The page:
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Family expectations of inpatient mental health services for adults with suicidal ideation : a qualitative study

Joeri Vandewalle (UGent) , Bart Debyser (UGent) , Eddy Deproost (UGent) and Sofie Verhaeghe (UGent)
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Abstract
Involvement of family members of adults with suicidal ideation is a key area of improvement in inpatient mental health services. To support family involvement in this context, it is crucial to understand what care and treatment family members expect for their relative. This qualitative study based on grounded theory involved interviews with 14 family members, including partners, parents, adult children and siblings. The family members' expectations of care and treatment in inpatient mental health services were captured by the core element 'Struggling to remain hopeful while looking through the lens of uncertainty'. This core element interacted with four sub-elements: assuming safety as a priority, looking for a healing approach and environment, counting on continuity of care and wanting to be involved and supported. The family members fluctuated between hope and uncertainty depending on whether their expectations were met or unmet. Unmet expectations were common and underpinned by a sense of being marginalized during the admission of their relative with suicidal ideation. Mental health professionals, including nurses, can be more empathetic towards the family members and attuned to their expectations. This can underpin partnerships that help families to deal with their feelings of uncertainty and disempowerment. Such partnerships can flourish in recovery-oriented mental health services that allow meaningful family involvement.
Keywords
Psychiatric Mental Health, family, mental health services, professional&#8208, family relations, qualitative research, suicidal ideation

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MLA
Vandewalle, Joeri, et al. “Family Expectations of Inpatient Mental Health Services for Adults with Suicidal Ideation : A Qualitative Study.” INTERNATIONAL JOURNAL OF MENTAL HEALTH NURSING, 2021, doi:10.1111/inm.12864.
APA
Vandewalle, J., Debyser, B., Deproost, E., & Verhaeghe, S. (2021). Family expectations of inpatient mental health services for adults with suicidal ideation : a qualitative study. INTERNATIONAL JOURNAL OF MENTAL HEALTH NURSING. https://doi.org/10.1111/inm.12864
Chicago author-date
Vandewalle, Joeri, Bart Debyser, Eddy Deproost, and Sofie Verhaeghe. 2021. “Family Expectations of Inpatient Mental Health Services for Adults with Suicidal Ideation : A Qualitative Study.” INTERNATIONAL JOURNAL OF MENTAL HEALTH NURSING. https://doi.org/10.1111/inm.12864.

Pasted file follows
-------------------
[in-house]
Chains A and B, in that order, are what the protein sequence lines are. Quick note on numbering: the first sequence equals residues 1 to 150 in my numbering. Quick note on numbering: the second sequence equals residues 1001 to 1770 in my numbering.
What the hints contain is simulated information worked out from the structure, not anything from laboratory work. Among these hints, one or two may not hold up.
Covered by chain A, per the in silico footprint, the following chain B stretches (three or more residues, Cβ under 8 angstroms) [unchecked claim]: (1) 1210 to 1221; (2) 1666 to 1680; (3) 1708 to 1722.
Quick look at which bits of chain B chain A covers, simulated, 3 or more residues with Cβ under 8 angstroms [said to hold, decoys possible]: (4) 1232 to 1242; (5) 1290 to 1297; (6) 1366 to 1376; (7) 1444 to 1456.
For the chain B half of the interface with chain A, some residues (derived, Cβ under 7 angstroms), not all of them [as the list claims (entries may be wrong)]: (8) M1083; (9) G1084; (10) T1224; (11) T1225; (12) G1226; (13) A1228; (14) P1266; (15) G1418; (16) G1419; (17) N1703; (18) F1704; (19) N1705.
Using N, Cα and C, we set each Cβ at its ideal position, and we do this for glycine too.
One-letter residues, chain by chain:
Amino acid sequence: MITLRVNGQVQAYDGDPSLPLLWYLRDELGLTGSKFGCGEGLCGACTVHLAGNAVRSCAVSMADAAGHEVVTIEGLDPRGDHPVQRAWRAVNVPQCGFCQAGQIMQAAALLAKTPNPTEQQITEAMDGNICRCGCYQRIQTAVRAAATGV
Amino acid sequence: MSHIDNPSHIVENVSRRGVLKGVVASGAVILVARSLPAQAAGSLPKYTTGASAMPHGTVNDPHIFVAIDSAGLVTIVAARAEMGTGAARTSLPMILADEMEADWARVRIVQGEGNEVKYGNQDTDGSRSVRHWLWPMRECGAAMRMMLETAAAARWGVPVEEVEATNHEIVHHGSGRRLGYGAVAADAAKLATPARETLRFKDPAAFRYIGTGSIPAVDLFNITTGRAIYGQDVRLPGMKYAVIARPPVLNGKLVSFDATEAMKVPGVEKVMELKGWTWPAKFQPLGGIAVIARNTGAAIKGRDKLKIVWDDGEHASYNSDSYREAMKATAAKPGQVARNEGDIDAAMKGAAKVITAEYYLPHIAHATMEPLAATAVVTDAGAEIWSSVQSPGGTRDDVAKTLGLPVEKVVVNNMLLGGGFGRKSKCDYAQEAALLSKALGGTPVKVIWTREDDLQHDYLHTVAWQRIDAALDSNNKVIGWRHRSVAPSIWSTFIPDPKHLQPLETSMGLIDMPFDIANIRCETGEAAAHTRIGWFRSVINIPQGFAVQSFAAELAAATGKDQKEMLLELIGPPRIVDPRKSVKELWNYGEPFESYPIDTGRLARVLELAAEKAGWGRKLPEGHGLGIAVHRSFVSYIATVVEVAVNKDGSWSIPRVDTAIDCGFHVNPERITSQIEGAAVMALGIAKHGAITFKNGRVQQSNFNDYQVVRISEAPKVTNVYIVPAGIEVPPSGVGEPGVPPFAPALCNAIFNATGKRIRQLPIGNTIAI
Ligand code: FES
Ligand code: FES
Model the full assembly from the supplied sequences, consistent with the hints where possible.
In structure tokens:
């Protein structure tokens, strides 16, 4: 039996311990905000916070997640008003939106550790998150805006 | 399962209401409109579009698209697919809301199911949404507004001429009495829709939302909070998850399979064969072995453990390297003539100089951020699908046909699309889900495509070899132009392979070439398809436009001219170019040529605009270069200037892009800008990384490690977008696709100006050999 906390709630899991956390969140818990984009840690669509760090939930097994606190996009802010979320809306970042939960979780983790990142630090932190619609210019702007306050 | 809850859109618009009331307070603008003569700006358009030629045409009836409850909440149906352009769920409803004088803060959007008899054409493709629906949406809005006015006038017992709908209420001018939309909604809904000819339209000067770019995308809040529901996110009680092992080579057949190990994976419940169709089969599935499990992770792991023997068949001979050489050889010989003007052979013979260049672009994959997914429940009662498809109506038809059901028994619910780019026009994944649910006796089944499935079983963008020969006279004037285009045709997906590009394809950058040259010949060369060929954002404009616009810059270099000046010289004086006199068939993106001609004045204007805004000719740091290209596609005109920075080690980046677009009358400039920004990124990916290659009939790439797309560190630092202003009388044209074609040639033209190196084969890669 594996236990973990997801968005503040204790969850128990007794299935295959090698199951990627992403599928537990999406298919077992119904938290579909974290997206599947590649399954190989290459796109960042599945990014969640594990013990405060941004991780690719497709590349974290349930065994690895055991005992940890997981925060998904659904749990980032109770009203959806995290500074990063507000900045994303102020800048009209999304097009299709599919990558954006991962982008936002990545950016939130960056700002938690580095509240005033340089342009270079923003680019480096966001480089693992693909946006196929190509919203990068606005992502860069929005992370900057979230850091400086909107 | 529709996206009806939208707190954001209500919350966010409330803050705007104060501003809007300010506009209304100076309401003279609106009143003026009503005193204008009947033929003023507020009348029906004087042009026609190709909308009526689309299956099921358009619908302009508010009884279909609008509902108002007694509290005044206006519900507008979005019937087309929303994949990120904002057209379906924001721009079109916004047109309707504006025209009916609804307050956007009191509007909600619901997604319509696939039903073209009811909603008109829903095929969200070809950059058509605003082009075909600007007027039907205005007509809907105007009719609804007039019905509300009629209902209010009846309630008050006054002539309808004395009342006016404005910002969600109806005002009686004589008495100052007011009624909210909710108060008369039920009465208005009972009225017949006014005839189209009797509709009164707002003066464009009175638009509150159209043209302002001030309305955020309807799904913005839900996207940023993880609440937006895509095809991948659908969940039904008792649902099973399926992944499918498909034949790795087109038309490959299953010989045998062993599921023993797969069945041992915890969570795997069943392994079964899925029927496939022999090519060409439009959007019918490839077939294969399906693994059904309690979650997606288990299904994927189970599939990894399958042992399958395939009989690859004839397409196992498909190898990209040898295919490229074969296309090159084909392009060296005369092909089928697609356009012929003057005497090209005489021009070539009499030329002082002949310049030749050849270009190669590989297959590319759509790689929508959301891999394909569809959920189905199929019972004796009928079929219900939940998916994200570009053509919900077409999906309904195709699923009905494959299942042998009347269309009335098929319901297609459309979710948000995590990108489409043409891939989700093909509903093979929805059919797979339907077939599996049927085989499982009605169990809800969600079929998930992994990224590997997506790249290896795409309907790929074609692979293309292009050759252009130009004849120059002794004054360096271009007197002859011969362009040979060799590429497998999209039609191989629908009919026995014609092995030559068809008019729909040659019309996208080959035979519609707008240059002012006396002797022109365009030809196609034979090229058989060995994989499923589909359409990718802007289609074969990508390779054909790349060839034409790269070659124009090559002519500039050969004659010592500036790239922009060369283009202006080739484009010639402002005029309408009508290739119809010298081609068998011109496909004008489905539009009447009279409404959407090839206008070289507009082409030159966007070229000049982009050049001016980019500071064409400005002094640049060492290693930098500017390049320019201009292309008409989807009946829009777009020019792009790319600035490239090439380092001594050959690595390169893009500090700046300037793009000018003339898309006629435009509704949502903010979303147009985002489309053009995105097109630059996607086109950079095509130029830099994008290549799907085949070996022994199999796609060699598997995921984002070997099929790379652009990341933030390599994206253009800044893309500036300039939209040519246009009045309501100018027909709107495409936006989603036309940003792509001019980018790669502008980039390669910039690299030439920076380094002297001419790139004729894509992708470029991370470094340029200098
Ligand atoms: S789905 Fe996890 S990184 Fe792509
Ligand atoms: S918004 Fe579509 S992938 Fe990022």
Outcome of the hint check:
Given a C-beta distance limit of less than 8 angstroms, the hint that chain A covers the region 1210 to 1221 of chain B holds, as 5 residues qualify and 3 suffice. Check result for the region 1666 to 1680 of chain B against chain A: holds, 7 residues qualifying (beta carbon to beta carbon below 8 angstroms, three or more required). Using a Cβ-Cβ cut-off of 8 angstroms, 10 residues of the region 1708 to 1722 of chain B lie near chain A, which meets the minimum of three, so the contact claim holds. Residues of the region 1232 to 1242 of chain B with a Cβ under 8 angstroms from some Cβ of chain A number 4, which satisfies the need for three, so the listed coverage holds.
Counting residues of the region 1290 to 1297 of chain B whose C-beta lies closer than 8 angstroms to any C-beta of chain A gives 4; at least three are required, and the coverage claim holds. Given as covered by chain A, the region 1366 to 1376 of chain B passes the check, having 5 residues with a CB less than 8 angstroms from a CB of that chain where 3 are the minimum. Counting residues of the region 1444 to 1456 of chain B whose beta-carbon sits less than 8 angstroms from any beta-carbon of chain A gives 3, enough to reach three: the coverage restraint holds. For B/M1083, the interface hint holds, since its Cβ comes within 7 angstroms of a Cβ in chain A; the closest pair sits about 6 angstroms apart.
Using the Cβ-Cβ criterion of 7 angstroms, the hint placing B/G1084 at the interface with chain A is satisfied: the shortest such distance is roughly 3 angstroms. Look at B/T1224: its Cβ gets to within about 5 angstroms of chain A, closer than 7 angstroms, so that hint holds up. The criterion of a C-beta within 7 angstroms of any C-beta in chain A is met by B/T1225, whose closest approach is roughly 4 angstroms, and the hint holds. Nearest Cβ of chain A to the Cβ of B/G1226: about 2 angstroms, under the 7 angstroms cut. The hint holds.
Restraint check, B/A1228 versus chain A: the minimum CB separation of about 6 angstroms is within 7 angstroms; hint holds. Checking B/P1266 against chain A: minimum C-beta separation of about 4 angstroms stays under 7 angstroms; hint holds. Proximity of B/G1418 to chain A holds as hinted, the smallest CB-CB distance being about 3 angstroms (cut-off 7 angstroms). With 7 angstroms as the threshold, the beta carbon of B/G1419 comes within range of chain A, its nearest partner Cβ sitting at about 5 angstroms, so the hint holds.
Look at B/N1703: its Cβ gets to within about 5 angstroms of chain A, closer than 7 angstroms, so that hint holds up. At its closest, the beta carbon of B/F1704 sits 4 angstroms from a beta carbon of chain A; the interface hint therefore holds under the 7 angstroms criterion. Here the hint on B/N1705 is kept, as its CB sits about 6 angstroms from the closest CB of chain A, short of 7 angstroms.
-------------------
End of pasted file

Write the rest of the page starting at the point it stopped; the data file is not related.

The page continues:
Chicago author-date (all authors)
Vandewalle, Joeri, Bart Debyser, Eddy Deproost, and Sofie Verhaeghe. 2021. “Family Expectations of Inpatient Mental Health Services for Adults with Suicidal Ideation : A Qualitative Study.” INTERNATIONAL JOURNAL OF MENTAL HEALTH NURSING. doi:10.1111/inm.12864.
Vancouver
1.
Vandewalle J, Debyser B, Deproost E, Verhaeghe S. Family expectations of inpatient mental health services for adults with suicidal ideation : a qualitative study. INTERNATIONAL JOURNAL OF MENTAL HEALTH NURSING. 2021;
IEEE
[1]
J. Vandewalle, B. Debyser, E. Deproost, and S. Verhaeghe, “Family expectations of inpatient mental health services for adults with suicidal ideation : a qualitative study,” INTERNATIONAL JOURNAL OF MENTAL HEALTH NURSING, 2021.
@article{8704004,
  abstract     = {{Involvement of family members of adults with suicidal ideation is a key area of improvement in inpatient mental health services. To support family involvement in this context, it is crucial to understand what care and treatment family members expect for their relative. This qualitative study based on grounded theory involved interviews with 14 family members, including partners, parents, adult children and siblings. The family members' expectations of care and treatment in inpatient mental health services were captured by the core element 'Struggling to remain hopeful while looking through the lens of uncertainty'. This core element interacted with four sub-elements: assuming safety as a priority, looking for a healing approach and environment, counting on continuity of care and wanting to be involved and supported. The family members fluctuated between hope and uncertainty depending on whether their expectations were met or unmet. Unmet expectations were common and underpinned by a sense of being marginalized during the admission of their relative with suicidal ideation. Mental health professionals, including nurses, can be more empathetic towards the family members and attuned to their expectations. This can underpin partnerships that help families to deal with their feelings of uncertainty and disempowerment. Such partnerships can flourish in recovery-oriented mental health services that allow meaningful family involvement.}},
  author       = {{Vandewalle, Joeri and Debyser, Bart and Deproost, Eddy and Verhaeghe, Sofie}},
  issn         = {{1445-8330}},
  journal      = {{INTERNATIONAL JOURNAL OF MENTAL HEALTH NURSING}},
  keywords     = {{Psychiatric Mental Health,family,mental health services,professional&#8208,family relations,qualitative research,suicidal ideation}},
  language     = {{eng}},
  pages        = {{13}},
  title        = {{Family expectations of inpatient mental health services for adults with suicidal ideation : a qualitative study}},
  url          = {{http://dx.doi.org/10.1111/inm.12864}},
  year         = {{2021}},
}

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